Blindness is the partial or complete loss of vision. The leading causes of blindness are glaucoma, cataracts, and diabetic retinopathy. Blindness can also result from eye diseases, optic nerve disorders, or brain diseases involving visual pathways or the occipital lobe of the brain. The patterns of visual field reduction depend on the area that is being affected by disease. Damage to visual pathways as a result of macular degeneration, retinal detachment, or optic nerve atrophy can affect one or both eyes. In contrast, damage to the optic nerve chiasm or the pathway beyond it affects both eyes. There are many eye diseases that can cause visual abnormalities or/and blindness, including retinal detachment, cataracts, retinal disorders (often inherited), and macular degeneration.
Macular degeneration is the leading cause of blindness for those over age 55 in the United States. The macula is the central portion of the retina that records images and sends them from the eye to the brain via the optic nerve. If the macula deteriorates, the eye loses the ability to see in fine detail. The cause of macular degeneration is not fully understood, but risks for the disorder increase with age. Other abnormalities in the central retina can lead to blurry vision or can affect color perception. Color blindness can also originate from the lack of one or more type of cones, a type of light receptor on the eye. Total color blindness (monochromatic vision) is very rare; most commonly, varying levels of single color deficits are found among people with color blindness. Central vision can also be destroyed by small hemorrhages in the retina as a result of the aging process or diabetic retinopathy.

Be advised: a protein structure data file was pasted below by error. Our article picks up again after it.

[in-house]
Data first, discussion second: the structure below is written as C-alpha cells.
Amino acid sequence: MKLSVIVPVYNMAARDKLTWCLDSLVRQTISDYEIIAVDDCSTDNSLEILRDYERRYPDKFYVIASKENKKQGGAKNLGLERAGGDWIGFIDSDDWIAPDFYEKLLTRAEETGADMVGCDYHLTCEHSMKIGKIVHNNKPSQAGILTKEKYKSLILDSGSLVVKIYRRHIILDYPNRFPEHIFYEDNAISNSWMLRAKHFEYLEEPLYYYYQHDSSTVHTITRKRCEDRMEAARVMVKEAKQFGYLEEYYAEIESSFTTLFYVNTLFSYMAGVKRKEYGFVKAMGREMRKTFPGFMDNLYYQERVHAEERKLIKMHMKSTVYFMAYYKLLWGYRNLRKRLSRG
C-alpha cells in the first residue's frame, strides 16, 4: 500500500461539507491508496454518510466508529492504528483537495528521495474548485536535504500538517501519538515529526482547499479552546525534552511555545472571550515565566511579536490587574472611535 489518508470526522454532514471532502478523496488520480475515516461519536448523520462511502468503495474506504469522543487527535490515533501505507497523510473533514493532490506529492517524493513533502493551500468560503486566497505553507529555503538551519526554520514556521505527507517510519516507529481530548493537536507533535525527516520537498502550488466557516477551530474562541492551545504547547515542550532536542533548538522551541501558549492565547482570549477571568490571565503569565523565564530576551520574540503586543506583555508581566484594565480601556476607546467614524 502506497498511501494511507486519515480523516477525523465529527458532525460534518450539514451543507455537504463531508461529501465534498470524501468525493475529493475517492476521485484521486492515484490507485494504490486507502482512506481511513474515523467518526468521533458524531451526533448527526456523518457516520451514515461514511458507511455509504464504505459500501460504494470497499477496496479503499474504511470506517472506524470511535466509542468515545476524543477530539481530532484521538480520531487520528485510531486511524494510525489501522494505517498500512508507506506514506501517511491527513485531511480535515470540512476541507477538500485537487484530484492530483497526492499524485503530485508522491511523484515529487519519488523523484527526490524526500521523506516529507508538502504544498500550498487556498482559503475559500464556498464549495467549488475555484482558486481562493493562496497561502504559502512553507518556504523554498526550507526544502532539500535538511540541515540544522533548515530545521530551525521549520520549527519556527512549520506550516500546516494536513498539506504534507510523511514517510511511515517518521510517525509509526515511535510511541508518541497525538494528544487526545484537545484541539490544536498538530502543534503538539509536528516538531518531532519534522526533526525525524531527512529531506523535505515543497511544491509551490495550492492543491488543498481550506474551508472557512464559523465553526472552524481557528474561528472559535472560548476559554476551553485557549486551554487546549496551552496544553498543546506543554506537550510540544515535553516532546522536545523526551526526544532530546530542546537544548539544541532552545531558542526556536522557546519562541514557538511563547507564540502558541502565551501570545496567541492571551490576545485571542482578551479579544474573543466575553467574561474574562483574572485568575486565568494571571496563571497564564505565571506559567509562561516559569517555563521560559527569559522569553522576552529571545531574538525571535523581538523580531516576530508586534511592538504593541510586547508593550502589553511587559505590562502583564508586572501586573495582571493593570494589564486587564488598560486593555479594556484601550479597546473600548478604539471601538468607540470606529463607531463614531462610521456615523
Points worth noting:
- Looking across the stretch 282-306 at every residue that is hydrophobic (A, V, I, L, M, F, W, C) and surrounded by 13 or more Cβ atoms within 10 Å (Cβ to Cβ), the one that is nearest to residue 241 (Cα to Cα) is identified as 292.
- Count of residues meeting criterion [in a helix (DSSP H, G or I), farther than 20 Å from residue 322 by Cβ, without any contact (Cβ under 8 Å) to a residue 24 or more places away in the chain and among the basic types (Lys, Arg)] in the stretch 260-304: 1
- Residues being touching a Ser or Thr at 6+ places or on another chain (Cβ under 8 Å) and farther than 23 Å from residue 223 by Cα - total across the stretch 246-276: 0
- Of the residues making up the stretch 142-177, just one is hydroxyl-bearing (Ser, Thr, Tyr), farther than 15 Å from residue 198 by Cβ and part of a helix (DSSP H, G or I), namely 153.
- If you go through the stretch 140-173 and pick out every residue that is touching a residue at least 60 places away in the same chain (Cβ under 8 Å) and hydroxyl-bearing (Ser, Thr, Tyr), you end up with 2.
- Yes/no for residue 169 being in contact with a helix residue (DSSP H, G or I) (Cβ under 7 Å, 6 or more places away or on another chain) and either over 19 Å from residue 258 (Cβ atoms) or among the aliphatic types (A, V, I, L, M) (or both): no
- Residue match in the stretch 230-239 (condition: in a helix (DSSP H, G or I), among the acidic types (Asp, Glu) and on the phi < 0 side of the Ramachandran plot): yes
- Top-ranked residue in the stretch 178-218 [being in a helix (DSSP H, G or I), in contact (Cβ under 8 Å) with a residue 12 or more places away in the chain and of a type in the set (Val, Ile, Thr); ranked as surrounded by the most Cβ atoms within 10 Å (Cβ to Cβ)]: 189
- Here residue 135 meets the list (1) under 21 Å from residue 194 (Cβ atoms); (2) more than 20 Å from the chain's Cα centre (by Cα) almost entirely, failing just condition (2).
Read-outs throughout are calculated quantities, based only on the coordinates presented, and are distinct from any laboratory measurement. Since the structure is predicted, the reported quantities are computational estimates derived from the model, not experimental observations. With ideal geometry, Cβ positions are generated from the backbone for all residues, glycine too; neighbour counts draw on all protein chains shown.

The neuronal diseases affecting the optic nerve and causing blindness can result from developmental abnormalities (hereditary or sporadic), abnormalities in the blood vessels causing an insufficient blood supply to the eyes or optic nerve, glaucoma, and demyelinating and inflammatory diseases such as multiple sclerosis, tumors, toxic agents, and trauma.
Agnieszka Maria Lichanska PhD, The Gale Group Inc., Gale, Detroit,